Monday, February 22, 2010

Africa impressions

After we hit the ground in Africa the first thing I noticed was the unrelenting heat and humidity. Sweat drips down your forehead and runs down your back. I remember new waves of sweat appearing as I dried off from my shower to wash off the sweat. Any breeze of almost any kind is welcome relief. A fan brings a smile to my face. And air conditioning, the little that seems to be available, is like entering into another world. One afternoon we took the temperature a few feet away from the shade tree we were sitting under - it was 108.5 degrees in the sun. The shade measured 94 degrees. We didn't venture out into the direct sunlight unless we had to.

Since there was little or no electricity in the parts of Sierra Leone and Guinea we visited the nights were pitch black, blacker than anything I can remember experiencing back home. Both nights we stayed in an African motel in Tanene I stayed outside after the others had gone to bed. I wanted to peer up at the night sky and feel its vastness and awesomeness. There was literally no man-produced light anywhere. The stars seemed bigger and brighter. The striking contrast between light and dark, black and white was stunning. I saw clusters of far-away stars that I had never noticed before. Orion lay straight above me and shined brilliantly like it was lit up by neon lights. I felt like a pin head, a grain of sand, a speck of dust.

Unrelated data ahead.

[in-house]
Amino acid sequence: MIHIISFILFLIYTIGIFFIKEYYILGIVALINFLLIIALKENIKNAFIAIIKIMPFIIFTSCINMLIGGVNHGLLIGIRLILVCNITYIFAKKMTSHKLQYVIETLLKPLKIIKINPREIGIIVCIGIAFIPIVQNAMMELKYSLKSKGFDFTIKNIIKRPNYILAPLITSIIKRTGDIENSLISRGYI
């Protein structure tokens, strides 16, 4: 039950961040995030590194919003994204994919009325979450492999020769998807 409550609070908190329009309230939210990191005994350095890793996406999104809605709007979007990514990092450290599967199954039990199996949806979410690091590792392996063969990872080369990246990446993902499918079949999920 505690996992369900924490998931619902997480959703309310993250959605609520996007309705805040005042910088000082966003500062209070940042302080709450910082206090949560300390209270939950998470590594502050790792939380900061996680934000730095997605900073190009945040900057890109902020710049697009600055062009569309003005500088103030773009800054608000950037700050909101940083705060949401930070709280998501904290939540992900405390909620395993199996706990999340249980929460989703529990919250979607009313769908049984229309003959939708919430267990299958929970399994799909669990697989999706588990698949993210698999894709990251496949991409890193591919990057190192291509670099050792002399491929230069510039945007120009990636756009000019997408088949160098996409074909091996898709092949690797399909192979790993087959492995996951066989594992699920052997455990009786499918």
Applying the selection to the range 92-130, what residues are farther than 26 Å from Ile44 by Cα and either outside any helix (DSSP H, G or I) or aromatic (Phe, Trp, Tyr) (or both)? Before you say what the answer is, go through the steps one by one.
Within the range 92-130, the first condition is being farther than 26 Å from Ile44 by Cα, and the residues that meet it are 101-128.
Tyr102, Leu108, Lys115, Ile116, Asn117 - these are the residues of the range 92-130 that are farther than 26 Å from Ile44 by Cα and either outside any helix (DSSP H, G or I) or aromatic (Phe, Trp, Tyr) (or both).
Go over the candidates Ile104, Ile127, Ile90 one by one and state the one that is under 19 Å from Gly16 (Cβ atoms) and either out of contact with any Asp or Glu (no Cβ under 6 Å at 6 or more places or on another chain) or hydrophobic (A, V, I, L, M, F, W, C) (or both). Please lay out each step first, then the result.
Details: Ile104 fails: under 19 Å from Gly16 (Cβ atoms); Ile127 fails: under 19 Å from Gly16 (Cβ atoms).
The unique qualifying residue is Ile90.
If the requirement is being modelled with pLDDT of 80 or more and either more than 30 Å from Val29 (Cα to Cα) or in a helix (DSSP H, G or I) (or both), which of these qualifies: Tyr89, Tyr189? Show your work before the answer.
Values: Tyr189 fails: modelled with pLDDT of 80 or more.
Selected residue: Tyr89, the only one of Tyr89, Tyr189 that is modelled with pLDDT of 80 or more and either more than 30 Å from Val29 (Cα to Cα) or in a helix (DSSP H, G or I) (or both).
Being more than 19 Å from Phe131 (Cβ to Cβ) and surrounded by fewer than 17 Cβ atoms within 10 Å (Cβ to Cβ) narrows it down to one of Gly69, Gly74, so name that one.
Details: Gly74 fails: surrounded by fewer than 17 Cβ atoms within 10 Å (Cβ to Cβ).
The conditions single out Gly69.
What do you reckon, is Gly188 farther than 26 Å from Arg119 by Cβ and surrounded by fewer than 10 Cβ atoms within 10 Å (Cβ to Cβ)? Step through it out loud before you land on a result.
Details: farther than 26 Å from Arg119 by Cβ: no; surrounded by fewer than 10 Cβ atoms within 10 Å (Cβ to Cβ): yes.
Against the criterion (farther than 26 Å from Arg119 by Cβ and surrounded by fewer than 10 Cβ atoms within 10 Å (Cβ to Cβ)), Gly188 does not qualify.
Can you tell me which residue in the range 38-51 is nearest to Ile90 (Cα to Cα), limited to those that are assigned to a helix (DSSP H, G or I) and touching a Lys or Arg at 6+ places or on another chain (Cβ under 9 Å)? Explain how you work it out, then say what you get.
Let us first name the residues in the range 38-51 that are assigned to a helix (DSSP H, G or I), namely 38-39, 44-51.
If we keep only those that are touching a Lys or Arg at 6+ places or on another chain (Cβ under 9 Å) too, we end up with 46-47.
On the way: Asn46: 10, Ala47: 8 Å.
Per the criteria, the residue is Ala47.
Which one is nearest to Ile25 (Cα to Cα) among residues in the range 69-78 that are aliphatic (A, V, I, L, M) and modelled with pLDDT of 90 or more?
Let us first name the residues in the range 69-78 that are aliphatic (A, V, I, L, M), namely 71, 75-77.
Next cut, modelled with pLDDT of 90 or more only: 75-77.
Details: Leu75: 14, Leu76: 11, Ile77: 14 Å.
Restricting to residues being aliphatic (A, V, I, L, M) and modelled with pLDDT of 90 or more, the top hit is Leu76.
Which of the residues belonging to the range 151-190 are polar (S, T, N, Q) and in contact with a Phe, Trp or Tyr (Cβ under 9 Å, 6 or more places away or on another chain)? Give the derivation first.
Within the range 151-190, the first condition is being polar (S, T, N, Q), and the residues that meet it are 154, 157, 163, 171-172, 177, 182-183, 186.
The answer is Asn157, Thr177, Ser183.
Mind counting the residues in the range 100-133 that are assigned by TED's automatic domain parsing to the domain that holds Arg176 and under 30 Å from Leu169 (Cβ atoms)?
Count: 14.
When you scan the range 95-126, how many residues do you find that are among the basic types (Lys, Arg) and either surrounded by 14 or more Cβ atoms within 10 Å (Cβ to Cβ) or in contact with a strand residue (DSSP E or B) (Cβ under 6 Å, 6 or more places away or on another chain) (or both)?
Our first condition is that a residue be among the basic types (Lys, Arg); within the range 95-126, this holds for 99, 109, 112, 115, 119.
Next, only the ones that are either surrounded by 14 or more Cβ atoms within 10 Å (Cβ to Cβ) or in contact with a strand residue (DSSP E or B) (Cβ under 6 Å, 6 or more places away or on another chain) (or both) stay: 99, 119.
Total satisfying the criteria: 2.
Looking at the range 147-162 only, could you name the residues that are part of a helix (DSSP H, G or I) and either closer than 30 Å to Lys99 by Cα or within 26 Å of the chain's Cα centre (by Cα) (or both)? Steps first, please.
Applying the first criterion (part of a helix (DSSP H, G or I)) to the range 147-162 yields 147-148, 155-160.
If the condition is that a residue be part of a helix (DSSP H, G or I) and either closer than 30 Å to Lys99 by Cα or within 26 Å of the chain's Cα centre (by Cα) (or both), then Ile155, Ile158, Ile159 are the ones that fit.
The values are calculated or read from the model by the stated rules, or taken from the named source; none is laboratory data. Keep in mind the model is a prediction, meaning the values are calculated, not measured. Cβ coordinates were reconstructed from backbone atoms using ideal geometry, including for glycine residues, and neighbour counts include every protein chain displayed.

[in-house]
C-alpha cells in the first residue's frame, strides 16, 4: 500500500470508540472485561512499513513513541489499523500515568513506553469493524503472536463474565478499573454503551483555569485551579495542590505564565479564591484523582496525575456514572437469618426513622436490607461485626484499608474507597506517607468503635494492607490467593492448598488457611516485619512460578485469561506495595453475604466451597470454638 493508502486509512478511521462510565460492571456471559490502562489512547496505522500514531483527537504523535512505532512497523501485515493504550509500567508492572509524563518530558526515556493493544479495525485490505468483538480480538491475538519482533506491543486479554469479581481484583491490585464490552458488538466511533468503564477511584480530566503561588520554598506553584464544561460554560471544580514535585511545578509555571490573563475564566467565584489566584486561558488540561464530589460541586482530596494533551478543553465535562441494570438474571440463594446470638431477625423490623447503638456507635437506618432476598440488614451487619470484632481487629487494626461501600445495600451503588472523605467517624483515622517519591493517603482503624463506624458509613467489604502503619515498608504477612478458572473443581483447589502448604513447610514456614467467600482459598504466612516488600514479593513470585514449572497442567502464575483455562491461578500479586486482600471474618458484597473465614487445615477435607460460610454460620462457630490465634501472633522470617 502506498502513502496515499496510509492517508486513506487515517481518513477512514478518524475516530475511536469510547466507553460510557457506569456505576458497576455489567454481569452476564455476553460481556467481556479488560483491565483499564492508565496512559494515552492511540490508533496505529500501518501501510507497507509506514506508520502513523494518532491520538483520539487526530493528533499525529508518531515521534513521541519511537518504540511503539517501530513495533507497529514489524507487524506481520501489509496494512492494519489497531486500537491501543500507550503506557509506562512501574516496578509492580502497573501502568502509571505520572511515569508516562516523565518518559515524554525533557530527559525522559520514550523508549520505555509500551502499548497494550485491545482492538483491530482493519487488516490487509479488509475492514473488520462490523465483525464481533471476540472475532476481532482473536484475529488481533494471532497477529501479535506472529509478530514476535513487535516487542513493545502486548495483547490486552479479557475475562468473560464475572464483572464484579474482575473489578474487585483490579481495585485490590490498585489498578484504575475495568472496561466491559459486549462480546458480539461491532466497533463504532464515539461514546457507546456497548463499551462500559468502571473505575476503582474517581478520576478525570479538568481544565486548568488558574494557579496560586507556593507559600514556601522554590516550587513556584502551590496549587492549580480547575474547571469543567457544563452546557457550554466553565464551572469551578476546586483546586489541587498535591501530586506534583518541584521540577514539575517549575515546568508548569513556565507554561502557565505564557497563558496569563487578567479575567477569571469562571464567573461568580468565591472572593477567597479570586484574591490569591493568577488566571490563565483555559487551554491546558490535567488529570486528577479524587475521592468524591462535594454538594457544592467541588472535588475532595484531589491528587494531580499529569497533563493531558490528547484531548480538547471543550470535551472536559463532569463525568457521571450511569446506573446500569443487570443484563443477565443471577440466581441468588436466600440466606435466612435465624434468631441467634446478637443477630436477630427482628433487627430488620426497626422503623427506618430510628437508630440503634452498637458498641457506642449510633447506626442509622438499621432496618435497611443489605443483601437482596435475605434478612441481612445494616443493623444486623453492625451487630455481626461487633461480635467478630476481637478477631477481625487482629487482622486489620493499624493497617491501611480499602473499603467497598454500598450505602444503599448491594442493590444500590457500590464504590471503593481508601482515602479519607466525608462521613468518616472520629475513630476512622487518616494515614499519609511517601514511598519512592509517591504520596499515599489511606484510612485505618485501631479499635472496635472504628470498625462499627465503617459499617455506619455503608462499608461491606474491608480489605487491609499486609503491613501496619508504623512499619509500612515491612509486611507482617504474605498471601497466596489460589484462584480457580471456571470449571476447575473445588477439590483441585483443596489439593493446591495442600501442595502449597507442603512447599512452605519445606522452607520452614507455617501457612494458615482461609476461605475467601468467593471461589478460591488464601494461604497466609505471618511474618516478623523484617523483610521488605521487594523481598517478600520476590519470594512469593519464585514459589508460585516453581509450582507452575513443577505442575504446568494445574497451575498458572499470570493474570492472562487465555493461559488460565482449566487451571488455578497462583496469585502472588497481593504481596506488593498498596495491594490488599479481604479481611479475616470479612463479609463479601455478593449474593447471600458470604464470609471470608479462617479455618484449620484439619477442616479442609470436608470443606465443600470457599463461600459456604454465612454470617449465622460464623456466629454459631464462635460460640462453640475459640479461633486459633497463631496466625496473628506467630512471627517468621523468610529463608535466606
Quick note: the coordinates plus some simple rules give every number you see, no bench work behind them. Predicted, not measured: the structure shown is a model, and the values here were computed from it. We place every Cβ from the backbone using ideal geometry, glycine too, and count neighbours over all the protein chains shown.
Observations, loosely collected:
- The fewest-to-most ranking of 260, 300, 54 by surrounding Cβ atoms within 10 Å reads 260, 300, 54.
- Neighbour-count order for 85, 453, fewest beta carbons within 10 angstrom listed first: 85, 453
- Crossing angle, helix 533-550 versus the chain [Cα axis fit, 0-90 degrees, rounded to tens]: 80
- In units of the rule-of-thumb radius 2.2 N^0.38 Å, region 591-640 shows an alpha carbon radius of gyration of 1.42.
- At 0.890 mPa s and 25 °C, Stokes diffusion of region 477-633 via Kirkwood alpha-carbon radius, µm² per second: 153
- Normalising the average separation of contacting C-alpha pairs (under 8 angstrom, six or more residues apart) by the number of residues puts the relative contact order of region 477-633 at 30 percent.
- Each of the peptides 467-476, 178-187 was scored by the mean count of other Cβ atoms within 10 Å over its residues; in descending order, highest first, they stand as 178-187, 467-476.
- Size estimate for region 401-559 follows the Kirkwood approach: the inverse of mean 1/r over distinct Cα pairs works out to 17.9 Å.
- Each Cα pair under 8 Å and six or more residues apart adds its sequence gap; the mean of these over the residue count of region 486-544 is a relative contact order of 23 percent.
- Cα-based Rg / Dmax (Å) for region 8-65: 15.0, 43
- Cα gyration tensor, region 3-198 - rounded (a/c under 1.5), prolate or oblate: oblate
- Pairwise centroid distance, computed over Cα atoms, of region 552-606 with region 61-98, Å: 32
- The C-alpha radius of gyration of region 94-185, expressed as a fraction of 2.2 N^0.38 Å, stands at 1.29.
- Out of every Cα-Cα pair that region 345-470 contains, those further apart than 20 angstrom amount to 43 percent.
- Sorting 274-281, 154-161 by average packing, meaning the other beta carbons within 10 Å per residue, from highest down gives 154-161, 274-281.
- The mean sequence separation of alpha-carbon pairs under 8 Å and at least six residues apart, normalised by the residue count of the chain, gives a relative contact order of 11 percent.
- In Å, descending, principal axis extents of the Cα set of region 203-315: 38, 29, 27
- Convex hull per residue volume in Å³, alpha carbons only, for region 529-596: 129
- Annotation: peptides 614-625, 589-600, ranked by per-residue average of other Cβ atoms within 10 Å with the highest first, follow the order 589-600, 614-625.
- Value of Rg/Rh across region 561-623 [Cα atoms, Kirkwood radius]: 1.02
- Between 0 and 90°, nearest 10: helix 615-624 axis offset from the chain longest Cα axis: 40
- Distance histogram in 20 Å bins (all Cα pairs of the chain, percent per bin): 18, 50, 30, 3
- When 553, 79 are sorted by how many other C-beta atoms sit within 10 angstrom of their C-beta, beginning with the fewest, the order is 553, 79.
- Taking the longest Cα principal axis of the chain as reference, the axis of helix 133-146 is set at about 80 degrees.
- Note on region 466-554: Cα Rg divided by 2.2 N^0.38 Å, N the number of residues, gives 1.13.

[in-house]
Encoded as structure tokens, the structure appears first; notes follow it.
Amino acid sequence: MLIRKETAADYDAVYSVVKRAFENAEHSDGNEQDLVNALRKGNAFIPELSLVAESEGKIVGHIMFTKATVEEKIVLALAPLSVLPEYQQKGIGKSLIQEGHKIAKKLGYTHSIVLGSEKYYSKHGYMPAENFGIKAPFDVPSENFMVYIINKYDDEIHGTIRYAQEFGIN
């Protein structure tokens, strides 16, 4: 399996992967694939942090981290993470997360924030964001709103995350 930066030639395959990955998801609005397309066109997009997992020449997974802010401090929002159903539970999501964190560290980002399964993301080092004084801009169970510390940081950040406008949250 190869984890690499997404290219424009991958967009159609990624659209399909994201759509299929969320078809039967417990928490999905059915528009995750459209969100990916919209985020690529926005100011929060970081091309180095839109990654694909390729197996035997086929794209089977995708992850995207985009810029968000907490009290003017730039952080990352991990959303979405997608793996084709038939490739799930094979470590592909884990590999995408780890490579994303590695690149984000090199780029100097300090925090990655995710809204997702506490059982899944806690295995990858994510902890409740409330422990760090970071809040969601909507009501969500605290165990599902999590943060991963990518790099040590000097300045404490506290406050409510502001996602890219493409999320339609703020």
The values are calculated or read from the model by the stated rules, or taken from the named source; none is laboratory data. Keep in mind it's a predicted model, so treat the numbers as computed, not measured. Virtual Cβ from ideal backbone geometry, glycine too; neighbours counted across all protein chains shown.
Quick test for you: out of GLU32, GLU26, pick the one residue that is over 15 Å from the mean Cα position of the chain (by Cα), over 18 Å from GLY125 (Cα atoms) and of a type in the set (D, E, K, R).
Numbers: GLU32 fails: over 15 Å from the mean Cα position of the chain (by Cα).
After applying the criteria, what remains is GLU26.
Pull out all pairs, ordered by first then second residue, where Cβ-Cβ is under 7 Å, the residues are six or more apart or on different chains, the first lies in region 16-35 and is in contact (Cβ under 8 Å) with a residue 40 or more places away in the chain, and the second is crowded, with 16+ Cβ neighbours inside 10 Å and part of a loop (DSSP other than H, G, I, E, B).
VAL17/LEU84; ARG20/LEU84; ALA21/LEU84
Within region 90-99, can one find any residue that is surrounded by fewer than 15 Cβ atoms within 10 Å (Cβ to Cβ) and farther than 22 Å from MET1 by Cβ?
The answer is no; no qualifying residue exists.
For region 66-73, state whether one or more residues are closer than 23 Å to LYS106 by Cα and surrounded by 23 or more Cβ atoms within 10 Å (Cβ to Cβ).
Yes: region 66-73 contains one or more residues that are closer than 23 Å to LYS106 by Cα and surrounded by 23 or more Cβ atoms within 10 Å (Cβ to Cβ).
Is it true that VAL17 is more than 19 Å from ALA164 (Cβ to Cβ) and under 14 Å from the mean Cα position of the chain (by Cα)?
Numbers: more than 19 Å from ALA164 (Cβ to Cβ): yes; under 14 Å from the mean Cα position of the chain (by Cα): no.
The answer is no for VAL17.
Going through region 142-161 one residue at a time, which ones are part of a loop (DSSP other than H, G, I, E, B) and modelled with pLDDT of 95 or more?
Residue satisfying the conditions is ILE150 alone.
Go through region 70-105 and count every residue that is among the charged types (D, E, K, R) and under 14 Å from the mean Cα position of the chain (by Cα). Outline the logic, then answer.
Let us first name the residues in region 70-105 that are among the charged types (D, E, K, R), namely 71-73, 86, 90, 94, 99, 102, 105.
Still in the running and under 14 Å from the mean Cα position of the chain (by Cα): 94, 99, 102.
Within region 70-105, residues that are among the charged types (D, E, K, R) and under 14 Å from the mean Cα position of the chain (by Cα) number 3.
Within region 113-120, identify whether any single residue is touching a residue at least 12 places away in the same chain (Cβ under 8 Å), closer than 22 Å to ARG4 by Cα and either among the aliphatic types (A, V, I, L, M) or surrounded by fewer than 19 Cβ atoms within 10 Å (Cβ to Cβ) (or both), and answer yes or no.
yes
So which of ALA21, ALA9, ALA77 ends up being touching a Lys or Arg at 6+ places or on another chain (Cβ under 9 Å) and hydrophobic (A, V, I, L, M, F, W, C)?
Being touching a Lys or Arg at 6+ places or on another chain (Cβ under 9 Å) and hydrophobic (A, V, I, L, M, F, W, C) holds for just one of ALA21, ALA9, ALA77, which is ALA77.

I will never forget the taste of cold water. In the African heat drinking lots of water is a necessity in order to avoid dehydration. We drank filtered and bottled water. Ice is hard to come by because electricity is hard to come by. What you end up doing is drinking lots of lukewarm water on hot, hot days to quench your thirst (or at least attempt to). I have a memory of drinking a cold bottle of water. The situation surrounding the cold water is blurred in my mind. I know it was at Sam and Josephine's. The generator was running. This meant the refrigerator was running and the water was chilling. We walked into the house and were handed bottles of cold water. I quickly opened mine and took a long, deep drink. I will never forget that moment and how good and sweet and cold the water tasted. Simple things in Africa are huge.

While in Africa you eat like the Africans, at least we did for most of our trip. I developed three categories of food - the dishes I enjoyed, those that I was slowly learning to enjoy, and those that I wasn't sure if I could ever enjoy. The one thing I looked forward to eating most when I returned home was a Honey Crisp or Granny Smith apple. Either one would do. I craved a sweet, crisp, juicy apple. And to my great delight, when Heather and the girls picked me up at the airport, they brought me a cut-up Honey Crisp apple!

P.S. the picture is of me and Alliance missionary Phil Stombaugh standing outside the Alliance Guest House in Conakry, Guinea

No comments:

Post a Comment